3 hard truths about GenAI’s large language models

BrandPost By Jennifer Slama, Digital Marketing Strategist, Dell Technologies
Oct 04, 20235 mins
Artificial Intelligence

Enterprises need to have an honest, eyes-wide-open perspective about generative AI models and how to mitigate their downside before they can realize their full potential. Here’s why and how.

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Credit: iStock

I love technology. During the last year, I’ve been fascinated to see new developments emerge in generative AI large language models (LLMs). Beyond the hype, generative AI is truly a watershed moment for technology and its role in our world. Generative AI LLMs are revolutionizing what’s possible for individuals and enterprises around the world.

However, as enterprises race to embrace LLMs, there is a dark side to the technology. For enterprises to fully unleash the potential of generative AI and large language models, we need to be frank about its risks and the rapidly escalating effects of those risks. That way enterprises can select the proper approach, deployment, and use cases to mitigate LLMs’ risks before they cause harm—albeit unintentionally—to individuals, organizations, and beyond.

While general-purpose LLMs, like ChatGPT, Google Bard, and Microsoft Bing, are increasingly used by organizations, the stakes skyrocket. Potential negative consequences include the threats of influencing political outcomes, enabling wrongful convictions, generating deepfakes, and amplifying discriminatory hiring practices. That’s serious.

The root cause lies in three hard truths about generative AI LLMs: Bias, discrimination, and fact or fiction.


By their very nature, generative AI LLMs are inherently biased. That’s because LLM algorithms are trained on massive text-based datasets, such as millions or billions of words from the Internet and other published sources. Data volumes of this magnitude cannot be checked for accuracy or objectivity by the LLM architects. And because the data is largely based on the Internet, it contains human bias, which then becomes part of the LLM algorithms and output. 

But baked-in generative AI LLM bias can be worse than human bias.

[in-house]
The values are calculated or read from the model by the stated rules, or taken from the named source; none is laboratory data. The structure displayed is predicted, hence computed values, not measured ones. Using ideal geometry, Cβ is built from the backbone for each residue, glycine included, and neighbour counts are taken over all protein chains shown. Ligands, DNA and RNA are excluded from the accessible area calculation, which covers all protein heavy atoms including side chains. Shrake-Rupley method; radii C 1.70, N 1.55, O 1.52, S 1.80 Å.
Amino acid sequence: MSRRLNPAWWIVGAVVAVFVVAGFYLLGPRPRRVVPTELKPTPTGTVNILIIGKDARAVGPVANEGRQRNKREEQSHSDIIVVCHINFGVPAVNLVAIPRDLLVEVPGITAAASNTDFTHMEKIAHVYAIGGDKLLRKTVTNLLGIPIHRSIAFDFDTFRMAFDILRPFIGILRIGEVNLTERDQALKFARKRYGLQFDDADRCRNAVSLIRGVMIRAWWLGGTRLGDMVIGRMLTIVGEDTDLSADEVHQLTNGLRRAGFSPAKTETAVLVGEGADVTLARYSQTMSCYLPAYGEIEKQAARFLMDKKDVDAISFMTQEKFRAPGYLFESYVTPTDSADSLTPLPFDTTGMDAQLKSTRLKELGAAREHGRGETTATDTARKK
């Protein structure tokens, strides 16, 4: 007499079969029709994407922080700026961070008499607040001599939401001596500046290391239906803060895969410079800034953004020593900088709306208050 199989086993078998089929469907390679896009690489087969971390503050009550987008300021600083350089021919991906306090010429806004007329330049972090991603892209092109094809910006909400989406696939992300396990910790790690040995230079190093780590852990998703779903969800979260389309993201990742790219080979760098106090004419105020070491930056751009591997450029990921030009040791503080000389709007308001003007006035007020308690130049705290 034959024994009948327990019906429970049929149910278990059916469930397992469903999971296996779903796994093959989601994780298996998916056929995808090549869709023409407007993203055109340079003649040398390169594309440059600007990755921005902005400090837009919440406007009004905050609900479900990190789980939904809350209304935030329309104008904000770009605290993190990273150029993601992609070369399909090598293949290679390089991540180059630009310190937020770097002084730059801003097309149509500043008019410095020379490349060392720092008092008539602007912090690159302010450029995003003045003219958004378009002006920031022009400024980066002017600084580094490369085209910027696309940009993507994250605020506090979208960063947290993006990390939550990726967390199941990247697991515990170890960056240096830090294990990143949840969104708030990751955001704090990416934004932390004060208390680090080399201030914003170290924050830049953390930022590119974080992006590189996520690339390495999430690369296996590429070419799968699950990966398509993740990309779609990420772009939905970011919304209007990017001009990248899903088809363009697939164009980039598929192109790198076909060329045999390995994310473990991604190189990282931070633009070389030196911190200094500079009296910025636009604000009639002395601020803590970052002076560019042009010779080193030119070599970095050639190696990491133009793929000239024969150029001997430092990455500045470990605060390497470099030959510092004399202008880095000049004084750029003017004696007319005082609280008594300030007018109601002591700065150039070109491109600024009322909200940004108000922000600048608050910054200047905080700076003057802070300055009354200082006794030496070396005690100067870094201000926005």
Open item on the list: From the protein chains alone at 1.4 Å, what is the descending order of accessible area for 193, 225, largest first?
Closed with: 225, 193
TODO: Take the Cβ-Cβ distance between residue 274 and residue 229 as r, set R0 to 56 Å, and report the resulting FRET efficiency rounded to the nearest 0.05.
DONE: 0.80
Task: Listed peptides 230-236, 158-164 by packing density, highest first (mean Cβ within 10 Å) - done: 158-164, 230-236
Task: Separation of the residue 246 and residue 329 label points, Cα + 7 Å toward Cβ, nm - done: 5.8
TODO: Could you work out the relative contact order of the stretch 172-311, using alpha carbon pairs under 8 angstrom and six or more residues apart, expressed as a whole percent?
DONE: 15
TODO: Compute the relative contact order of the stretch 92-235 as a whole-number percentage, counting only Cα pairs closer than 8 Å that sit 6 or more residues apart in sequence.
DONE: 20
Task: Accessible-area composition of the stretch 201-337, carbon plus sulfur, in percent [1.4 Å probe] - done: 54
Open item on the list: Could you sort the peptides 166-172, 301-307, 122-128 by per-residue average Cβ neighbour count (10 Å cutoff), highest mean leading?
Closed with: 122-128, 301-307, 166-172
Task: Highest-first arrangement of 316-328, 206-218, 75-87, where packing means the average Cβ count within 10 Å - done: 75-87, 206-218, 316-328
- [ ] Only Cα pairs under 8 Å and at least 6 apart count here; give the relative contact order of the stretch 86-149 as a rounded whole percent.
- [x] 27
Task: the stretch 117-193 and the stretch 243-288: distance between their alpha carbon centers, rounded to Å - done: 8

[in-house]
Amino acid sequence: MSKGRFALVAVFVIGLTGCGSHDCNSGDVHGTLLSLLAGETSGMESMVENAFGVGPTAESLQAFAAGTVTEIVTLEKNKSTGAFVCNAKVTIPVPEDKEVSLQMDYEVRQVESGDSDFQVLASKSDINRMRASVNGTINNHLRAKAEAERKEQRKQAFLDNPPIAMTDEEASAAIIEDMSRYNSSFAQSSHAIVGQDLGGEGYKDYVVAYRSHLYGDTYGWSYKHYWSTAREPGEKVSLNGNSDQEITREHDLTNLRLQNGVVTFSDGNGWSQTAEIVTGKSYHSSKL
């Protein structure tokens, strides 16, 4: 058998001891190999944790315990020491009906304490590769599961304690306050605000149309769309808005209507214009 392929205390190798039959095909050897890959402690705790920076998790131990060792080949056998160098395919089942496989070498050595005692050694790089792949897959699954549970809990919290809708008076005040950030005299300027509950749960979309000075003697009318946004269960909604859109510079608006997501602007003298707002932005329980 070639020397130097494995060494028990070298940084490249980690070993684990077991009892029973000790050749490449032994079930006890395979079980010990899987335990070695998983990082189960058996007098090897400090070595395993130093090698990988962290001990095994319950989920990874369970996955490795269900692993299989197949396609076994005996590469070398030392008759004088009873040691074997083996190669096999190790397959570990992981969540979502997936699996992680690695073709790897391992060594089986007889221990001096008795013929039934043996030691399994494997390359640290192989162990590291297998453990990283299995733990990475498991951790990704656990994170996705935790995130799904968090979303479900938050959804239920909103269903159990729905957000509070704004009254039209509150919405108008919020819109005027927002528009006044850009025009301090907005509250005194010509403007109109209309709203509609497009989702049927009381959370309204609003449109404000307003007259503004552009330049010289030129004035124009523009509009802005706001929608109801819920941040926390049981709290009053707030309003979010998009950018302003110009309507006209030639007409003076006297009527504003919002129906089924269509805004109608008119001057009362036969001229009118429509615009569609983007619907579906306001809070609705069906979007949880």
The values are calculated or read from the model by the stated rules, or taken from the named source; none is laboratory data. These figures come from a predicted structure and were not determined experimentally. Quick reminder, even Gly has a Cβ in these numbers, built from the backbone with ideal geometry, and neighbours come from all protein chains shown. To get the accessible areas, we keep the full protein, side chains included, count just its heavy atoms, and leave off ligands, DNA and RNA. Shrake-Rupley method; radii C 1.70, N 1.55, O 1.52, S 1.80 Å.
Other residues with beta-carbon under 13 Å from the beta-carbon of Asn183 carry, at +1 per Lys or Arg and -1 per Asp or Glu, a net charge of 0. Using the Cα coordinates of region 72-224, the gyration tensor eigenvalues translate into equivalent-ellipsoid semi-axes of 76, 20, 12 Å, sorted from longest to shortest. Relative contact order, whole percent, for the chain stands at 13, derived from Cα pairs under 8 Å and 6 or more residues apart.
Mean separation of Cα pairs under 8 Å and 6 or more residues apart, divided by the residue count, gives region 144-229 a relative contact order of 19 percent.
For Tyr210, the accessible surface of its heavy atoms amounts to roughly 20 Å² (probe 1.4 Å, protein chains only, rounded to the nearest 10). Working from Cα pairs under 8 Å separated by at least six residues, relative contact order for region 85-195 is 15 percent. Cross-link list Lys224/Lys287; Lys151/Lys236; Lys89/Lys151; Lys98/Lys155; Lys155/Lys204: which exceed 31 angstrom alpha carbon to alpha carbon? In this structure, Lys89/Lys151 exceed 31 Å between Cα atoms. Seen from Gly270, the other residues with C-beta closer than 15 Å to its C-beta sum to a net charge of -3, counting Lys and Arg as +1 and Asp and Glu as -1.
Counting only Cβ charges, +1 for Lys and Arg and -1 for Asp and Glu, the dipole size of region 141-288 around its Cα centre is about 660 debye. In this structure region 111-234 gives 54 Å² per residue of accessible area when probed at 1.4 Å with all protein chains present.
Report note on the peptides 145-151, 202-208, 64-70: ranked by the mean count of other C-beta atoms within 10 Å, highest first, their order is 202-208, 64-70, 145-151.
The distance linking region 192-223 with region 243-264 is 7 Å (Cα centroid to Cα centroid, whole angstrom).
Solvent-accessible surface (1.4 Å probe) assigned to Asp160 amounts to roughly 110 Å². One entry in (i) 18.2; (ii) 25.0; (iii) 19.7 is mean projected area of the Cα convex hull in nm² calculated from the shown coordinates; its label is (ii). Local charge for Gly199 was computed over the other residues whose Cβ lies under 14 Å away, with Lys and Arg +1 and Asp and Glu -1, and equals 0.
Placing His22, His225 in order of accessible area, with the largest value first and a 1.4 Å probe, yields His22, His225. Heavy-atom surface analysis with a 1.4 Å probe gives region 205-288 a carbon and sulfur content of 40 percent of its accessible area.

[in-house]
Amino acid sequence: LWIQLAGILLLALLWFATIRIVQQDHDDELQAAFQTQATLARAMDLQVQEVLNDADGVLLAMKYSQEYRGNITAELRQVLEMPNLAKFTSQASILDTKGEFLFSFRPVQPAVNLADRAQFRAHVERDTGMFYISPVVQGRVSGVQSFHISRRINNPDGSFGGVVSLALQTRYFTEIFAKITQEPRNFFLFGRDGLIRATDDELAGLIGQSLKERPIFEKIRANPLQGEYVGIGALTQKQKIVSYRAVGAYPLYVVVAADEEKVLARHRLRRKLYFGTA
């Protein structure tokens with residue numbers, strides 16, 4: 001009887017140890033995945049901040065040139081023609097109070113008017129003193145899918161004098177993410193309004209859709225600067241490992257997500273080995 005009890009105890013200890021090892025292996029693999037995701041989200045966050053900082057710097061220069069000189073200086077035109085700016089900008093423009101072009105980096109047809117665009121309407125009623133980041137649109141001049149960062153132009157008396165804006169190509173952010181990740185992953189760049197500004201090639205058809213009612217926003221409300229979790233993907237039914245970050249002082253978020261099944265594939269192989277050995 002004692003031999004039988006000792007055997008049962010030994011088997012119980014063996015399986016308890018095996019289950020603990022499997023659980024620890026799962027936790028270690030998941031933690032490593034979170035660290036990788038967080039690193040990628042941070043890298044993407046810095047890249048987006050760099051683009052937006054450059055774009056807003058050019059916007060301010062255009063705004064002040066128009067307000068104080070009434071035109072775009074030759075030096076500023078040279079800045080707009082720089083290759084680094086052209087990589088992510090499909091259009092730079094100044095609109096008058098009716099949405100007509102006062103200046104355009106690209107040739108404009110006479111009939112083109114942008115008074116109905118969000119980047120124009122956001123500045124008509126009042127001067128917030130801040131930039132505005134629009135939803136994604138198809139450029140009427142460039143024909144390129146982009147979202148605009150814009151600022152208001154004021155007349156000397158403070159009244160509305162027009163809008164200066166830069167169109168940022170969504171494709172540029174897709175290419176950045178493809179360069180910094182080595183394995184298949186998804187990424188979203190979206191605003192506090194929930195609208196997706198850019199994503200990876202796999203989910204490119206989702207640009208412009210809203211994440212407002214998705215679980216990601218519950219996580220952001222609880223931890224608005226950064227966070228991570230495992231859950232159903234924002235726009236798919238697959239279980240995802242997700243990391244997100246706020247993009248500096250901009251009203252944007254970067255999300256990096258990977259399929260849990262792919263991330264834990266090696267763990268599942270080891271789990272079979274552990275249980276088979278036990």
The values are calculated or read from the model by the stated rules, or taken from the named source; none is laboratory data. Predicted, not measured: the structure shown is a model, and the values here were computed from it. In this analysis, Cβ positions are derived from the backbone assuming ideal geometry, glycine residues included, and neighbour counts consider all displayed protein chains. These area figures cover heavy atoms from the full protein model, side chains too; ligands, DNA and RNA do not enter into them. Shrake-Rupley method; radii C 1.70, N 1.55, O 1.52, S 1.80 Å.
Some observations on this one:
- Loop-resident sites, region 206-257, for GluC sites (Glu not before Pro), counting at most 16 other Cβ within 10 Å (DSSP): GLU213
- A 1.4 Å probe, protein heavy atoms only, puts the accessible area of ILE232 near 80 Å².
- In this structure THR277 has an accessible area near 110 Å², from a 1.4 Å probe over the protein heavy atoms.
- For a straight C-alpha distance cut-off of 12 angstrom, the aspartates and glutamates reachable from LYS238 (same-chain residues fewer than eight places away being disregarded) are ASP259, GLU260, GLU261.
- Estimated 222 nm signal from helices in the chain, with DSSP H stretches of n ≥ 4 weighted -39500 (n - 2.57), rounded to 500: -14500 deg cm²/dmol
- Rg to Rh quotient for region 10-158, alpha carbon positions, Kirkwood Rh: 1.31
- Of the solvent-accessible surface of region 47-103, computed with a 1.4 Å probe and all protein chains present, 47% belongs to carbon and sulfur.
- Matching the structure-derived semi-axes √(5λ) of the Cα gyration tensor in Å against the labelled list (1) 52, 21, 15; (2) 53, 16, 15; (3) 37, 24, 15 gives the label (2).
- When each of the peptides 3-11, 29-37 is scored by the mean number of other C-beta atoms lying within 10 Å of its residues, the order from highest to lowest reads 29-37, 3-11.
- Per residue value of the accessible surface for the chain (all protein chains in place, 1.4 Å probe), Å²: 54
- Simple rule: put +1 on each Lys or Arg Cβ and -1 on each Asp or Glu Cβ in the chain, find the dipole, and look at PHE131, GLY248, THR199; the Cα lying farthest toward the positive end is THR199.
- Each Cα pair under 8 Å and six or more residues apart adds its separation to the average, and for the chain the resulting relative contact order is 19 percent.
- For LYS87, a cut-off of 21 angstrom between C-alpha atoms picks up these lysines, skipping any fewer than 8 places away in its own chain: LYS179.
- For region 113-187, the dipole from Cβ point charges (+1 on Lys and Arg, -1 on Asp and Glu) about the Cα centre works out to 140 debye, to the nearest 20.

For example, a recent study showed that OpenAI’s ChatGPT has a notable left-wing bias. Researchers shared findings of a “significant and systematic political bias toward the Democrats in the U.S., Lula in Brazil, and the Labour Party in the U.K.,” (Lula is Brazil’s leftist president, Luiz Inácio Lula da Silva).

This raises the potential impact of LLM bias to new levels. As political parties increasingly use LLMs to generate fundraising, create campaign emails, and write ad copy, this inherent bias can sway political outcomes, elevating its impact to a national and global level. 


The use of generative AI LLMs has been piloted in talent acquisition applications. Gaps in data and existing human-based social stereotyping can be encoded in the data used to train the models and create risks. In talent acquisition, generative AI LLM can erode—and even reverse—the positive progress made in the areas of diversity, equity, and inclusion.

For example, a few years back, Amazon’s automated hiring tool was discarded upon discovering that it discriminated against female candidates. In another example, Meta’s LLM system had to be shut down by the company three days after launch because it generated biased and false information. Another LLM that generates images based on AI says CEOs are white males, doctors and lawyers are not female, and dark-skinned males commit crimes.

Left unchecked, LLM outcomes like these can have grave consequences. In talent acquisition, biased LLM outcomes could negatively and unfairly impact hiring decisions, altering an organization’s workforce, and hampering business outcomes. Even more, the negative ethical and social effects of biased data and discrimination based on race or gender can quickly outpace the organizational impacts. 

Fact or fiction

Large language models identify patterns from text-based data to generate output. However, LLMs cannot create higher-order reasoning from their data or pattern recognition. That means LLMs—while valuable in distinct use cases—have a deceptive intelligence because their knowledge is limited to pattern recognition. In other words, generative AI LLMs cannot distinguish between fact or fiction. This hard truth can lead to deepfakes.

Deepfakes can use text-to-image generative AI technology to intentionally create false content—such as fake audio or video content. This disinformation can be used to mislead communities with fake emergencies, misrepresent politicians to influence elections, and introduce bias that causes unfair treatment. For example, AI text-to-image LLMs can generate suspected criminal sketches where inherent biases could result in erroneous convictions.

Solution: Purpose-built models

Good things, such as generative AI LLMs, often come with some downsides. In the case of generative AI LLMs, the potential downsides are serious and far-reaching. For enterprises, the solution lies in purpose-built generative AI LLM models, including build-from-scratch approaches or ones that use proprietary enterprise data.

Purpose-built models are tailored to specific organizational needs and distinct use cases. They differ from general-purpose LLMs in that they are trained and tuned to solve specific challenges, such as financial forecasting or customer support, and modeled with smaller data sets. 

In short, purpose-built models provide agility, security, and performance and aim to accelerate the responsible enterprise deployment of generative AI. That helps enterprises realize the revolutionary potential offered by generative AI LLMs so they can capitalize on technology’s defining moment. 

Read more about purpose-built generative AI LLMs

Bringing AI Everywhere – Intel

Responsibly Harnessing the Power of AI

Unlocking the Potential of GenAI